Another hurdle that had to be overcome was one of system requirements. MS-DOS uses the FAT16 filesystem, which only supports partitions up to 2GB in size. This was no problem until Windows XP, which required a comparatively large amount of space - at this point, the filesystem was converted to FAT32 and resized to 25GB using the GParted Linux LiveCD, which is a fantastic little utility. For Windows Vista, the partition had to be converted to NTFS using the built-in converter tool.

I was pleasantly surprised to see the DOS versions of Doom 2 and Monkey Island still running in Windows 7 after all these years. Microsoft has had a lot of stick through the years (not least from me) but this really is a laudable achievement.

If I were to perform the experiment again, I would probably try finding a few Windows 1.0/2.0 applications and installing them to see if they were picked up in 3.0's program manager. I was unable to find
any native Windows applications that ran on 1.0/2.0, but I'm told early versions of Word and Excel did.

There is also an alternative upgrade path - instead of going from 98SE to 2000 to XP, it is possible to go from 98 to ME to XP. The former route was chosen as Windows 2000 was chronologically the next release after 98, and in any case I didn't have a Windows ME CD having never owned it. Maybe I'll release an "alternative history" version of the video that does just that, as I still have a VMWare snapshot of the 98SE installation before 2000 was installed.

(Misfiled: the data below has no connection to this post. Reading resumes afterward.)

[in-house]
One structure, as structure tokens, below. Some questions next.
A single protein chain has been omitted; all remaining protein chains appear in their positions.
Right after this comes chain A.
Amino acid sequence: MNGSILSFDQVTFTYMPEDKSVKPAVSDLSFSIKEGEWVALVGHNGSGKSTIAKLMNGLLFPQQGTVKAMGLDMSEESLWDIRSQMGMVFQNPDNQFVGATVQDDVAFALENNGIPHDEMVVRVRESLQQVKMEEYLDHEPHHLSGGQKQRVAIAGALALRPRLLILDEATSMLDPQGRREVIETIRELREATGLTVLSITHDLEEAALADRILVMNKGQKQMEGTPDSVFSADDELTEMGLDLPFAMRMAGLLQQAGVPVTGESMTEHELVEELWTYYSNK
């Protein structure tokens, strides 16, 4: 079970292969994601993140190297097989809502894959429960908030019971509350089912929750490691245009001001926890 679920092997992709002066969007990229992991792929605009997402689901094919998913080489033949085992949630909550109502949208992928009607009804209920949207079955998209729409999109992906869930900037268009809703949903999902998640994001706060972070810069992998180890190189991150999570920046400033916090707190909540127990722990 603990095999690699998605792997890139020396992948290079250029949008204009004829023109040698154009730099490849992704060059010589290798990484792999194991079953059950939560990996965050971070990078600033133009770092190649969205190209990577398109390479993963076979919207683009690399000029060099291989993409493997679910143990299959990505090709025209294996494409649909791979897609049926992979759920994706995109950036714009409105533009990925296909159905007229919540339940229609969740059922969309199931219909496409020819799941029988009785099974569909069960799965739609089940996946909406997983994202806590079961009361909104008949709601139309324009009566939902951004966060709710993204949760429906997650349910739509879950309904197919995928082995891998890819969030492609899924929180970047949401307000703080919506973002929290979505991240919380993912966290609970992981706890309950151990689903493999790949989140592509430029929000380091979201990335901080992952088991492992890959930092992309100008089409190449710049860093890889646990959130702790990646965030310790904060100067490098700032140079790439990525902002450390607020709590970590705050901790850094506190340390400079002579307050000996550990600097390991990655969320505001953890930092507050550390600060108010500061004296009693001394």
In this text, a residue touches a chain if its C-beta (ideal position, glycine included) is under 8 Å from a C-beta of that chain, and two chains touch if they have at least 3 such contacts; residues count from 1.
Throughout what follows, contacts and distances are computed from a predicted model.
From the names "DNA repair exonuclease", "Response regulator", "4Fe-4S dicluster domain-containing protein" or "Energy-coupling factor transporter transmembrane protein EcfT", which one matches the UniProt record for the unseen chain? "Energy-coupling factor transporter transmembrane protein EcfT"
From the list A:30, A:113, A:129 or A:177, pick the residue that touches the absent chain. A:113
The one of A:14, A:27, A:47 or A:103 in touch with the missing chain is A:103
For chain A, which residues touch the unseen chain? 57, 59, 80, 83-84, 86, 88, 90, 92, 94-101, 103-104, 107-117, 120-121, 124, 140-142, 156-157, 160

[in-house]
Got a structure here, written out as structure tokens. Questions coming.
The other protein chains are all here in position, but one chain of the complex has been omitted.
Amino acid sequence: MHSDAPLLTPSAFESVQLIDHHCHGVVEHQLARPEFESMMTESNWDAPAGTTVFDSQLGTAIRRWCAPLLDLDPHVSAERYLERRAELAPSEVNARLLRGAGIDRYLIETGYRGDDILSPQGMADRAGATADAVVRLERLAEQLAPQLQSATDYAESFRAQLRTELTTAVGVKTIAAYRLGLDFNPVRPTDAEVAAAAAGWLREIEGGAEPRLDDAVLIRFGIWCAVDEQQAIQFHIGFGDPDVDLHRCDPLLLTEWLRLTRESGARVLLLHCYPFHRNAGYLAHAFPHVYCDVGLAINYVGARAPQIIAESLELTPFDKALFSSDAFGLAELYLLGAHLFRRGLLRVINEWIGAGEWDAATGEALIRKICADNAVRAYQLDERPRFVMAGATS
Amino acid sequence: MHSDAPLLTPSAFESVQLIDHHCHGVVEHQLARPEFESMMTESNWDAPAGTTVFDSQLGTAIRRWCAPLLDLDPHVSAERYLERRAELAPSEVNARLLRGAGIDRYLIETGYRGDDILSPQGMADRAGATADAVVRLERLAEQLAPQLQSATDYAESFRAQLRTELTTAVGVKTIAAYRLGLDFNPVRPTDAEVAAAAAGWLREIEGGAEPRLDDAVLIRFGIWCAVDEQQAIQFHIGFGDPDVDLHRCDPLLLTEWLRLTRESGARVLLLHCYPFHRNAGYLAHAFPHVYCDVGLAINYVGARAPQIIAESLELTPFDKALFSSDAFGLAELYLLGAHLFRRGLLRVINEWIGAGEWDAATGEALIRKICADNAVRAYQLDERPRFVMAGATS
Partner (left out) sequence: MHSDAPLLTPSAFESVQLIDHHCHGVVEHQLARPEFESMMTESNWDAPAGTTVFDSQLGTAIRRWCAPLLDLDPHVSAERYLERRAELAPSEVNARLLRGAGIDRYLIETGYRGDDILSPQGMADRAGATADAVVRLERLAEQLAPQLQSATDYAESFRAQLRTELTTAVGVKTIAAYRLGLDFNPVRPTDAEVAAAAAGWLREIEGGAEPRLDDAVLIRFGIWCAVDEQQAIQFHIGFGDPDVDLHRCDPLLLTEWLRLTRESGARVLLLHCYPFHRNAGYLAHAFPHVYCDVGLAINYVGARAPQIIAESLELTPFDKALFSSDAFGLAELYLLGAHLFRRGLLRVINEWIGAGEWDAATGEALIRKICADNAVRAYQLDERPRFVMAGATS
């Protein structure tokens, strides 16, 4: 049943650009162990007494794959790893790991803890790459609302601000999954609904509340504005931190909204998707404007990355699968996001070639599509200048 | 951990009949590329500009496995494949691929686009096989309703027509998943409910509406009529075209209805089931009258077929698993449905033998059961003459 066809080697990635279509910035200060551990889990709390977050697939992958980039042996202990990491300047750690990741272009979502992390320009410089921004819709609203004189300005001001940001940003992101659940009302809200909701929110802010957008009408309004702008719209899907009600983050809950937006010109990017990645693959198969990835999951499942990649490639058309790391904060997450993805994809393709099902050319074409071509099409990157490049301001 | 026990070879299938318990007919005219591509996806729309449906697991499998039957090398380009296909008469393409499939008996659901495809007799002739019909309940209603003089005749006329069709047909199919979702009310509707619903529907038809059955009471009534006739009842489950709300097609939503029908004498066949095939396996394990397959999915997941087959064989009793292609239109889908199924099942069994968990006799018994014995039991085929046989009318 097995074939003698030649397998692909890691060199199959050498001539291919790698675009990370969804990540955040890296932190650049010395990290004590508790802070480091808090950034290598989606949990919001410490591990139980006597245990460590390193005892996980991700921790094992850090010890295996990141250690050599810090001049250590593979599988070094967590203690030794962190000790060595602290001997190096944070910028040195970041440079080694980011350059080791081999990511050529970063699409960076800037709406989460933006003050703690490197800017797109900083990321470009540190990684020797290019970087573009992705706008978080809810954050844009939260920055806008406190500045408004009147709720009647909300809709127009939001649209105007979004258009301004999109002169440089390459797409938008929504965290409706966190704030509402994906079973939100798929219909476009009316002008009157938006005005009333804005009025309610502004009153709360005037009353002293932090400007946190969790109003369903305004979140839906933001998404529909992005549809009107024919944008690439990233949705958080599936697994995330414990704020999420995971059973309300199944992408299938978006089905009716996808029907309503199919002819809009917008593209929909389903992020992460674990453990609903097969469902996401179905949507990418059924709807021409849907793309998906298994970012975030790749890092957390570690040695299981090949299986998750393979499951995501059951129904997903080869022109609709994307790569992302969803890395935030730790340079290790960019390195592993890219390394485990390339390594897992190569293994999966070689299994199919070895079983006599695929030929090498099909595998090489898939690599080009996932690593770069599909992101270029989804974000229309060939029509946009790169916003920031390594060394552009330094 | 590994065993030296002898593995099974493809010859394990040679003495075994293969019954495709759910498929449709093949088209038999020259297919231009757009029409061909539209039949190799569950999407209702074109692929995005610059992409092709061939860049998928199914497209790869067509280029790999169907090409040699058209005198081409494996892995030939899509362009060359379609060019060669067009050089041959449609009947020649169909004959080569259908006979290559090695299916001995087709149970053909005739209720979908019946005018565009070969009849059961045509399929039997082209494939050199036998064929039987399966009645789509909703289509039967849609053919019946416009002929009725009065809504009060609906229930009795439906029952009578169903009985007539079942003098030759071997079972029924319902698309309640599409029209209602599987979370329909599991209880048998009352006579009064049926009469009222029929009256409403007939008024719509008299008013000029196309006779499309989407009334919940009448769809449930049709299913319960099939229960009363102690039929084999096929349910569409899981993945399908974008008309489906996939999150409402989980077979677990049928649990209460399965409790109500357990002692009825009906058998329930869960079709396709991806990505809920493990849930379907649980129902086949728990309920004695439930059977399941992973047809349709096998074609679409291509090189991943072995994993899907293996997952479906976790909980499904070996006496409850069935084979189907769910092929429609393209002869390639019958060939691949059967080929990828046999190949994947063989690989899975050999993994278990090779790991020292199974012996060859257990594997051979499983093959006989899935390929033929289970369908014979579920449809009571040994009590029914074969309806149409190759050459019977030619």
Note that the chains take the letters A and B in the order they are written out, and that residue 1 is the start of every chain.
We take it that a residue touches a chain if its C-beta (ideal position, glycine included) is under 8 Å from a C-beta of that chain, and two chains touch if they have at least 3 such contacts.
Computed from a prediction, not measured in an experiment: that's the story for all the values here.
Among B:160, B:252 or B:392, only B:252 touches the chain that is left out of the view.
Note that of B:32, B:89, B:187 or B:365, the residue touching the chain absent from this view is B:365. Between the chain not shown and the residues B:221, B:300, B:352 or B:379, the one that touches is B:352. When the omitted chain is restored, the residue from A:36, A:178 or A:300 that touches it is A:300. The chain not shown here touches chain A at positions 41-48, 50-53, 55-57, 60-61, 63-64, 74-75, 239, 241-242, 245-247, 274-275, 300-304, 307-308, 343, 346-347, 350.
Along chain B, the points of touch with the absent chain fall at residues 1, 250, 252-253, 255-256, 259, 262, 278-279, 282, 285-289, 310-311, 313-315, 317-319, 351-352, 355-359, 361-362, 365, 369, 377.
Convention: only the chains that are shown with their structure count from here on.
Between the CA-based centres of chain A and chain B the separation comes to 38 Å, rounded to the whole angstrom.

Why Didn't you Install Windows ME?

Since Windows ME cannot be upgraded to 2000, I chose to install 2000 straight from 98 as it was chronologically the next release. I might do an "alternate history" version to see what going from 98 to ME to XP looks like.

Did Doom 2 and Monkey Island work in Windows 7?

Yes. Sorry I didn't point that out explicitly in the video.

Can you do the same thing with Mac OS?

I don't know enough about Mac OS to be able to say, and I would not be the best person to do that experiment as I have never been a Mac user.

Where are you from?


What's that beeping noise in the background?

My smoke detector - its battery is flat :)

Thanks for watching.